“The highest form of ignorance is when you reject something you don’t know anything about.” – Wayne Dyer

Now, to address the “Dressage is horrible!” argument.  This will be quick, for as much as their position is an ignorant one, unlike the “moment in time” folks these people are on the side of the horse.  Ignorant?  Usually. But I find it hard to dismiss or fault them for erring on the side of humane treatment of the horse. You’ve probably seen comments from these folks, but here is a recent example of one of these arguments, for illustration.

Bloody awful! Spurred forward – then run into the double, over flexed by a man with hands of iron. Got to love Dressage – NOT!!!” [comment on Facebook]

That was in direct response to the picture of the gray that you’ll find lower down on this page.  It is hard to argue with his sentiment!  Yet, it should be our job to help educate them so they understand that what they’re seeing is not a good representation of what Dressage is supposed to be.  It is also our job to try to end the sort of treatment that leads to these comments – for if we cannot salvage our sport, the comments are fully justified!

And so, the Dressage Wars rage on – at times very, very ugly.  Yet, we need these wars, even with the often extreme positions.

How would you judge the comfort level of this horse?
How would you judge the comfort level of this horse?

As stated up front, the horse is at the core of these wars, and is the only one suffering.  Yet, the “knights” that should be defending the horse – those federations whose stated purpose is the protection of the horse in sport – refuse to step up.  They side with the “moment in time” folks.  Witness the recent decision by the Danish federation that photos like the one at right were insufficient to determine if there was pain or distress experienced by the horse.  Any ethical veterinarian, or long time horseman, can tell you the many signs here that prove distress and pain.  Yet, over sixty photos like this one (and worse) were not enough to convince a federation investigation that this might be against the horse’s welfare.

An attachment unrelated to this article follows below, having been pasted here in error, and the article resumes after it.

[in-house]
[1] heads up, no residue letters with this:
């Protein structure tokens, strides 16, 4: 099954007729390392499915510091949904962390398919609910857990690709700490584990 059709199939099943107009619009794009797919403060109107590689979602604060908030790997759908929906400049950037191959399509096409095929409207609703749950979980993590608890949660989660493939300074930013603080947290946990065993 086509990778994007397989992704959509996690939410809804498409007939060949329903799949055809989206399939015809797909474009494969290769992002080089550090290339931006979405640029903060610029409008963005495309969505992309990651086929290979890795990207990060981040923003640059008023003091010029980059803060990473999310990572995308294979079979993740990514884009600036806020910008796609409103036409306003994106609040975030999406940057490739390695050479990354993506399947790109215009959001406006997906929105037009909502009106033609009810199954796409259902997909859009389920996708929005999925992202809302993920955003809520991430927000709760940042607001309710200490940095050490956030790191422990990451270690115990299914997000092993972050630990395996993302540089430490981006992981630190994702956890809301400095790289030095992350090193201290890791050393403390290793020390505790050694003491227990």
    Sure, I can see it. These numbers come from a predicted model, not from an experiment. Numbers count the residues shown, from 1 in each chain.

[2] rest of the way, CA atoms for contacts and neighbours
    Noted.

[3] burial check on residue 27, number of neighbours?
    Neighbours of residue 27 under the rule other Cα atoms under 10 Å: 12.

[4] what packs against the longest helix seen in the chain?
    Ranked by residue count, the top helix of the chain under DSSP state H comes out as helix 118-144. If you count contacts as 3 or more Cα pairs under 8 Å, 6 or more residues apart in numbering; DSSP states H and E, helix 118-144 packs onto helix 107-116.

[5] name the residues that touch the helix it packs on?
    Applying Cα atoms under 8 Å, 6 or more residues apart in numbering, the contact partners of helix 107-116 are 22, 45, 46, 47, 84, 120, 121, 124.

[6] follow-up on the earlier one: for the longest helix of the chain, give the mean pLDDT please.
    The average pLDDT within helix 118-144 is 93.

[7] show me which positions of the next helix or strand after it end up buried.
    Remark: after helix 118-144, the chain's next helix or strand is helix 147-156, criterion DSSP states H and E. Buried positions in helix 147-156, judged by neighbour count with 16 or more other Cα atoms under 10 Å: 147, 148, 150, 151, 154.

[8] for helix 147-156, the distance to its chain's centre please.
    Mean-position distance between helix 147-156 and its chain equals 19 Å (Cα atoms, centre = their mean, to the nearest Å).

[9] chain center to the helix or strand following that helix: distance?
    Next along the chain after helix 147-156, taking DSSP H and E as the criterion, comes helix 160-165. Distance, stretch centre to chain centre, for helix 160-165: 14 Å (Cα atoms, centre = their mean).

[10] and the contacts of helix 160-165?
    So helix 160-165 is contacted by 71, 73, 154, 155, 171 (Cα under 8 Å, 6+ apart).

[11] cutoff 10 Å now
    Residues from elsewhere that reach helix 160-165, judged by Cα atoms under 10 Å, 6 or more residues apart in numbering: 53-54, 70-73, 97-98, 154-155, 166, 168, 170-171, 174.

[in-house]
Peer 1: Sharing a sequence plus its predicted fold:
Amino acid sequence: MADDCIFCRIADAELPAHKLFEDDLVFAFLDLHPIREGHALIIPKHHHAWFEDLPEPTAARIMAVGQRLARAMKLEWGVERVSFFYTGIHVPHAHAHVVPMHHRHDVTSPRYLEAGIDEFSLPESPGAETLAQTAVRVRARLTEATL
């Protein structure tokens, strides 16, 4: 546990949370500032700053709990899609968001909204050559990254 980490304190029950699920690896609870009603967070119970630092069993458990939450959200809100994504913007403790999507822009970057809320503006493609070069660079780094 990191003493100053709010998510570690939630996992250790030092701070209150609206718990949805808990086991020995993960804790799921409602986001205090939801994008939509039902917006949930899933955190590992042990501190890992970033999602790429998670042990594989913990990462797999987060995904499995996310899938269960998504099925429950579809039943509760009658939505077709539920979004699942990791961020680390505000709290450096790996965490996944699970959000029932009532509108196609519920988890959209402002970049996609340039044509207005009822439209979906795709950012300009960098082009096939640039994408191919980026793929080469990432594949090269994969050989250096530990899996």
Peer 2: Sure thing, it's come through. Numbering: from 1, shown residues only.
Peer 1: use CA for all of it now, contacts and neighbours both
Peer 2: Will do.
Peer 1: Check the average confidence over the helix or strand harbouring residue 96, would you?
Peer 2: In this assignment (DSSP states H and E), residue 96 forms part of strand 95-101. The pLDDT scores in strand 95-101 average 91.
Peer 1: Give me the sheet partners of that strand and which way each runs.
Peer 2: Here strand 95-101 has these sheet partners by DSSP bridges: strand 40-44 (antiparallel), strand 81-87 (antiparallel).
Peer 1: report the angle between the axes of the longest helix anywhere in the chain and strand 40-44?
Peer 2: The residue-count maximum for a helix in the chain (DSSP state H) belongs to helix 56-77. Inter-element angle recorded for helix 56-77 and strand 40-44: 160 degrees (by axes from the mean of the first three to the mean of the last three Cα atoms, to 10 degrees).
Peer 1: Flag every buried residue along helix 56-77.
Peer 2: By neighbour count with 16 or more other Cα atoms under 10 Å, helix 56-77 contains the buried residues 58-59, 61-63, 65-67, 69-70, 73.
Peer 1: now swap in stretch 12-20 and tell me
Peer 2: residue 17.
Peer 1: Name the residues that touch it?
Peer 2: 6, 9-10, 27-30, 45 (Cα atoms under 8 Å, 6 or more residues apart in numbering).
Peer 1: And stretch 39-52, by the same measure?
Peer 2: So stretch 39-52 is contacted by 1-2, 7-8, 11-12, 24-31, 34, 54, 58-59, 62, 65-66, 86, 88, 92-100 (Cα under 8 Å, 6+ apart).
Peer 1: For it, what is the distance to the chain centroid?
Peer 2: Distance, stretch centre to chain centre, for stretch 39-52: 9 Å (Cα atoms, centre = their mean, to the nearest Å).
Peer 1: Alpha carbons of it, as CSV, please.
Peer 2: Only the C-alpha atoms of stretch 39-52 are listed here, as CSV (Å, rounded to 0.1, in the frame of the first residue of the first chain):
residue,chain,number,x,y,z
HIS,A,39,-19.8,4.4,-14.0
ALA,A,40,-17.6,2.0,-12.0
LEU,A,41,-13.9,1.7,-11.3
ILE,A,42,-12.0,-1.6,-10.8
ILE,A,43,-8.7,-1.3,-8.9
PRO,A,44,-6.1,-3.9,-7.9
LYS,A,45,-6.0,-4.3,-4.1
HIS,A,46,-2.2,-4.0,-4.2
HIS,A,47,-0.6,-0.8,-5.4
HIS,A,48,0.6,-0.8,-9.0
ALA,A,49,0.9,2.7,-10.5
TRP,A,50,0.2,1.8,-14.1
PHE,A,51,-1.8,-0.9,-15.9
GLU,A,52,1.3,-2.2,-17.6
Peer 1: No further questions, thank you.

If you have doubt, yourself, take a snaffle bit and have a friend push it together around your lower arm, and see if you can’t determine that a horse’s mouth might feel pain under the same conditions.  (Many on the internet have suggested we do the same to the riders and officials, but I’m no more a proponent of torturing humans than I am of torturing animals.)

As long as the agencies tasked with protecting sport horses refuse to do their job, we need the screamers on the internet – even those who believe that Dressage is a cruel sport.  At least they help to keep the dialog alive – and the only hope we have of getting this changed is to get the press involved.  If that requires groups like PETA to scream, I say “Let them scream!”  When we finally get the spotlight focused on our sport, those of us too long ignored will finally get the chance to be heard!  And that will be a good thing for horses and our sport.  Until then, I’m off to tilt at another windmill …

Be good to your horses!


2 thoughts on “Dressage Wars

  1. Personally, we can each keep doing what’s right for our horses. That is the primary importance. It’s the potential for losing our sport – either through the erosion of knowledge already happening, or through public pressure based upon inhumane methods – that worries me the most. For that, I think the only solution is to keep spreading knowledge and showing how it should be done … and hope it catches fire with at least a few others.